Well, things did not go even close to plan. We had hoped that we would be in and out in under 4 hours under optimal conditions.
It did not matter how many times, which image version we used, or combination of array sizes in the SRCS16's BIOS settings, we could not get a successful recovery. After one successful restore we went into the Recovery Console to run CHKDSK against the troubled partitions. After that, the OS choked on a missing sys file. :(
Of the times that we did manage to get the SBS booted up, we found a plethora of Event ID 55s in the logs.
On many of the OS boot attempts we were greeted with:
So, it began to look like the corruption ran pretty far back into our backup image sets.
Checking file system on H:
We all know that hindsight is 20/20! ;)
So, in hindsight, the most expedient method of recovering this server would have been to SwingIT off the original hardware and SwingIt back onto a fresh install of SBS on that original hardware. Given that we did not know we would end up being on-site for 12 hours making recovery attempts and eventually rolling out the backup DC setup to provide authentication and shares it was not a viable option until well into the wee hours of the morning.
We now have the go ahead to Swing onto a new server instead of back onto the existing one. Since they are up and running, we took out the old SBS box that has a somewhat stable recovery on it ... though not stable enough for production ... to use in our Swing Migration.
For now, they are running via the backup DC and data mirror, along with the backup DC providing Internet access via RRAS and a second NIC. It is not ideal as there are a number of network dependent applications that required some fiddling to get working, but at least they are not twiddling their thumbs and loosing money hand over fist.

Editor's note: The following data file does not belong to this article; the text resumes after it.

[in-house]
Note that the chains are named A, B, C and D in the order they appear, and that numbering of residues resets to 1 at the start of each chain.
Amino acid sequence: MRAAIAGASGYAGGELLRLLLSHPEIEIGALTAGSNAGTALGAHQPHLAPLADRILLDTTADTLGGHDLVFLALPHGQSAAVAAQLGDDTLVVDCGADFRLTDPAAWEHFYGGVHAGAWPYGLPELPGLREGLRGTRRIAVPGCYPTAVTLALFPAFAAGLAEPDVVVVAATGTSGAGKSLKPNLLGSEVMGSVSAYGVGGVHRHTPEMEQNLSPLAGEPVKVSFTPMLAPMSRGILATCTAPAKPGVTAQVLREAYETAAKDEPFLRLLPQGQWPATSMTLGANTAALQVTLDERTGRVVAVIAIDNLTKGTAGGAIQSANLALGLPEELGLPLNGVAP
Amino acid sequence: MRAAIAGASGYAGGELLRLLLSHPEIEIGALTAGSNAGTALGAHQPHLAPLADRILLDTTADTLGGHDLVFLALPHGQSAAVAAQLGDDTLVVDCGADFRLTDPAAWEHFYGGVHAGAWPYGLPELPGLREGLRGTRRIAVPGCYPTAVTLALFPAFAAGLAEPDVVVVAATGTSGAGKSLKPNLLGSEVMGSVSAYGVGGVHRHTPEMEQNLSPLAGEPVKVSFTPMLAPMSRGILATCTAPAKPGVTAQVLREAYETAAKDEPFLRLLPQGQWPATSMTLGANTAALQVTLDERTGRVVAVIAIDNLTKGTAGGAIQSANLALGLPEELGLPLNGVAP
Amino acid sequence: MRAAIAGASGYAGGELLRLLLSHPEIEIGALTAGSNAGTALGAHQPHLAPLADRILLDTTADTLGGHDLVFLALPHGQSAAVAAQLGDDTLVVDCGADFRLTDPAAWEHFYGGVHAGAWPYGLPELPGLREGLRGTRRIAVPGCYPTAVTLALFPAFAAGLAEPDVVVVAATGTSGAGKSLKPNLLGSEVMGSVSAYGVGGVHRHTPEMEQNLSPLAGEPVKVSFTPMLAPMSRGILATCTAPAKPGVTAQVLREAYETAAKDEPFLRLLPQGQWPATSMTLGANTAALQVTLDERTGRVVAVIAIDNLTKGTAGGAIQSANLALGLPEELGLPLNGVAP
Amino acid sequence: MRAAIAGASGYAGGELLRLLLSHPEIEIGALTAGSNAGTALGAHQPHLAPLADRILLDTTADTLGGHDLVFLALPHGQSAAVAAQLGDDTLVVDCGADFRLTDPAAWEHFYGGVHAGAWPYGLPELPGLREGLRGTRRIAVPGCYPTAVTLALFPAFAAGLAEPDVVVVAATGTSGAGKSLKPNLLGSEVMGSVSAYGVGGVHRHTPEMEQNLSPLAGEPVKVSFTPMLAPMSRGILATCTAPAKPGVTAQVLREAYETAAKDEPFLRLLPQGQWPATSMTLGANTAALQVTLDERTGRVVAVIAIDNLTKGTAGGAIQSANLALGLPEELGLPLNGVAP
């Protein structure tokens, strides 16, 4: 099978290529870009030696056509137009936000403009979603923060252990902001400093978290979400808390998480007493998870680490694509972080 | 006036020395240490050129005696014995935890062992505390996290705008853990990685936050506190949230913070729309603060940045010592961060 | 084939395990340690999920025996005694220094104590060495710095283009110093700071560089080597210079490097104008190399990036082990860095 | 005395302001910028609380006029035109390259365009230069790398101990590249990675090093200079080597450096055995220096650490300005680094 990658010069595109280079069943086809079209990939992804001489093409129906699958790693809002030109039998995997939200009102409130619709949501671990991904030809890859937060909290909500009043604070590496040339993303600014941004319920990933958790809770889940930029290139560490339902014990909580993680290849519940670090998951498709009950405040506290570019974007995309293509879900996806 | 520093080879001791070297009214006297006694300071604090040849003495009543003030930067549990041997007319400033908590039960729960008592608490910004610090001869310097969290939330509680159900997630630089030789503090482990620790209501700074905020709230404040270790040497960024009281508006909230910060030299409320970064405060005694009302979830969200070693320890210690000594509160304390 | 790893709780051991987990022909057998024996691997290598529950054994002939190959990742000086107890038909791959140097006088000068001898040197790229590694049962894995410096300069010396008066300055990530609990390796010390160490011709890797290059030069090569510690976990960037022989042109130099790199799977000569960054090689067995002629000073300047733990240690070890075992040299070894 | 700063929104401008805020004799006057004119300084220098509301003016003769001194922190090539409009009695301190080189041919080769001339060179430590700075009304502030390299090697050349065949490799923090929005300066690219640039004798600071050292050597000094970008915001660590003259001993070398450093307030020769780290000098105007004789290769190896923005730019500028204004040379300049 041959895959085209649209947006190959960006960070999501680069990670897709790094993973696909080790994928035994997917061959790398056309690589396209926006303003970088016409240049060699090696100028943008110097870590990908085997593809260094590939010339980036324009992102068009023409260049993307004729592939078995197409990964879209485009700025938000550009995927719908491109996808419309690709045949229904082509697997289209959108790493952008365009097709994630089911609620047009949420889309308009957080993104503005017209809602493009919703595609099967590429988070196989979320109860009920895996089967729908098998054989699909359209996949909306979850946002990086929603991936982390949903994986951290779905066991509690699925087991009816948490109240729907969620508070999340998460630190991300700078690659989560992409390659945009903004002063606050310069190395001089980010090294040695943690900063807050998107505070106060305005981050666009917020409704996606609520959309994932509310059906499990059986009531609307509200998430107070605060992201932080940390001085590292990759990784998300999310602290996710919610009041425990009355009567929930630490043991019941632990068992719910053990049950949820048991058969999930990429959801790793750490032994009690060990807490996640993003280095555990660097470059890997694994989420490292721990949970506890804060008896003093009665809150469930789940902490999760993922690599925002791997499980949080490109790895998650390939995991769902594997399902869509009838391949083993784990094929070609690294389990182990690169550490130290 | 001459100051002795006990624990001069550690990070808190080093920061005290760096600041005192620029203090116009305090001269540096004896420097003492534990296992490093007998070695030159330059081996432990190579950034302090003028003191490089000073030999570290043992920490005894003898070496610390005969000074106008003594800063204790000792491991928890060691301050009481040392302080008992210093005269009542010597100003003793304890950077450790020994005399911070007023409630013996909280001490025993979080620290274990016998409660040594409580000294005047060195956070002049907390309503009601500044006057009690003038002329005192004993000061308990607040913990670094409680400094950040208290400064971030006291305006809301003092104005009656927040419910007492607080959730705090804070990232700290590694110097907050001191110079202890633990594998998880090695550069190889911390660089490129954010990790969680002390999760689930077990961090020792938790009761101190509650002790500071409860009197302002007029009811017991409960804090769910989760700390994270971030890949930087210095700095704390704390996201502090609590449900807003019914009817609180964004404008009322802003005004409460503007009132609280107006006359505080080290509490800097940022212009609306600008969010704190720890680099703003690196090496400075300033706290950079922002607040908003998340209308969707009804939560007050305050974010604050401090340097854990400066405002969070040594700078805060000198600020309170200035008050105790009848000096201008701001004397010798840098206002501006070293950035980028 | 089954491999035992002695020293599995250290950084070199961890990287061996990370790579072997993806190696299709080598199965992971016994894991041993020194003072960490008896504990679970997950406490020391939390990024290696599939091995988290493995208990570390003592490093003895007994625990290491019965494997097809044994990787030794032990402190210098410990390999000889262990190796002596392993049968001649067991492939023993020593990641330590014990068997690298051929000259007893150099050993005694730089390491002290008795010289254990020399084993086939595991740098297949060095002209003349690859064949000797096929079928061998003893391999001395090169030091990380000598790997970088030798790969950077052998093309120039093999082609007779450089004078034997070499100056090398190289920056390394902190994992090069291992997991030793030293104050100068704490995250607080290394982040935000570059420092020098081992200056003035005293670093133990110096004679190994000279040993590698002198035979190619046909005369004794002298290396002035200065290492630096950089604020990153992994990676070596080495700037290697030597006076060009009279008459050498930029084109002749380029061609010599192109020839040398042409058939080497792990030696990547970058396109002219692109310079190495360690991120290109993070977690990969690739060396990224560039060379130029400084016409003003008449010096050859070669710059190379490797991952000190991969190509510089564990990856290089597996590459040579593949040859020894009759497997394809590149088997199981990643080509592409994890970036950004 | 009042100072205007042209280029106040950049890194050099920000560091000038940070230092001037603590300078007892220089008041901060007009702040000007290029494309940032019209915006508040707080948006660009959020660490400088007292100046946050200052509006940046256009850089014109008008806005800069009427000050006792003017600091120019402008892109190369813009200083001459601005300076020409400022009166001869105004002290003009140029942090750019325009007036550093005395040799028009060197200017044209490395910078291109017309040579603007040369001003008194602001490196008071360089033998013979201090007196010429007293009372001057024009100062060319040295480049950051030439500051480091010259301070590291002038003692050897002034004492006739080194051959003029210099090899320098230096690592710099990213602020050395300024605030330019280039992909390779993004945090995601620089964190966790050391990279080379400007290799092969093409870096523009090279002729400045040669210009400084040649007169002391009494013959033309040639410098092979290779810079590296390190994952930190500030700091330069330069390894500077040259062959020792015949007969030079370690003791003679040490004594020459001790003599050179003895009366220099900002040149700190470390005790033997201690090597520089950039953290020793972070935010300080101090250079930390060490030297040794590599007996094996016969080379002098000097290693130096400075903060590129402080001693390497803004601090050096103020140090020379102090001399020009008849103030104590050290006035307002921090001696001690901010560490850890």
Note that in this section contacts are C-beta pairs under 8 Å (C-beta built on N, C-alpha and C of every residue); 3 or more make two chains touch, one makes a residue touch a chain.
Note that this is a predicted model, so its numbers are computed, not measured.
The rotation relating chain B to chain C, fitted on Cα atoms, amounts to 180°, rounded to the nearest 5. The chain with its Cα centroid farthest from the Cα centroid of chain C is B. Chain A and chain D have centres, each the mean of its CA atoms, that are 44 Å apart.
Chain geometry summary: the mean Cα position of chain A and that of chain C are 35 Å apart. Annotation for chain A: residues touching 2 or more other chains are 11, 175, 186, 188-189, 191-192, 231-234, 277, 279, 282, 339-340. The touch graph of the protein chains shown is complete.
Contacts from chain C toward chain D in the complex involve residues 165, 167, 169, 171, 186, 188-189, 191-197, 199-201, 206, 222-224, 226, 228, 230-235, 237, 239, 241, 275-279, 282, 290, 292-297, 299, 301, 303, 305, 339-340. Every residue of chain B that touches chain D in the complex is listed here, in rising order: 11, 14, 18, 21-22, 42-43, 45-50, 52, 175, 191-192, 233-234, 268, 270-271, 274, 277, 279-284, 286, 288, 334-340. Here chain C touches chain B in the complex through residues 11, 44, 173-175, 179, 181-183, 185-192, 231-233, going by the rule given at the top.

This is one scenario where having our client's email setup as follows pays off:
- MX 100 ispmailserver1.myisp.com
- MX 50 ispmailserver2.myisp.com
- MX 25 mysbsmail.mysbsdomain.com
At least for now they still have access to the outside world via Webmail and the server will get all of their incoming mail when it comes back online. Any critical emails can be BCCd back to themselves for later download.
While we have tried to keep the impact on our client's business down to a minimum, there have been a number of hiccups before things started to settle down. So, to provide our client some restitution for the lost time, we will provide some of our billable time to them at no cost.
Since they are our longest running client at close to 10 years now, it only makes sense to have a little give-and-take in the business relationship.
There are a couple of important lessons here:
- Test those SP backup images by restoring them
- Test their durability by restoring them to different hardware
- Having a second DC can provide an Active Directory source for a Swing Migration in the event of a total SBS failure.
Given the volume of work with this situation, and others, there may be a smattering of blog posts for a while ...
Thanks for reading and supporting us! :)
Microsoft Small Business Specialists
*All Mac on SBS posts are posted on our in-house iMac via the Safari Web browser.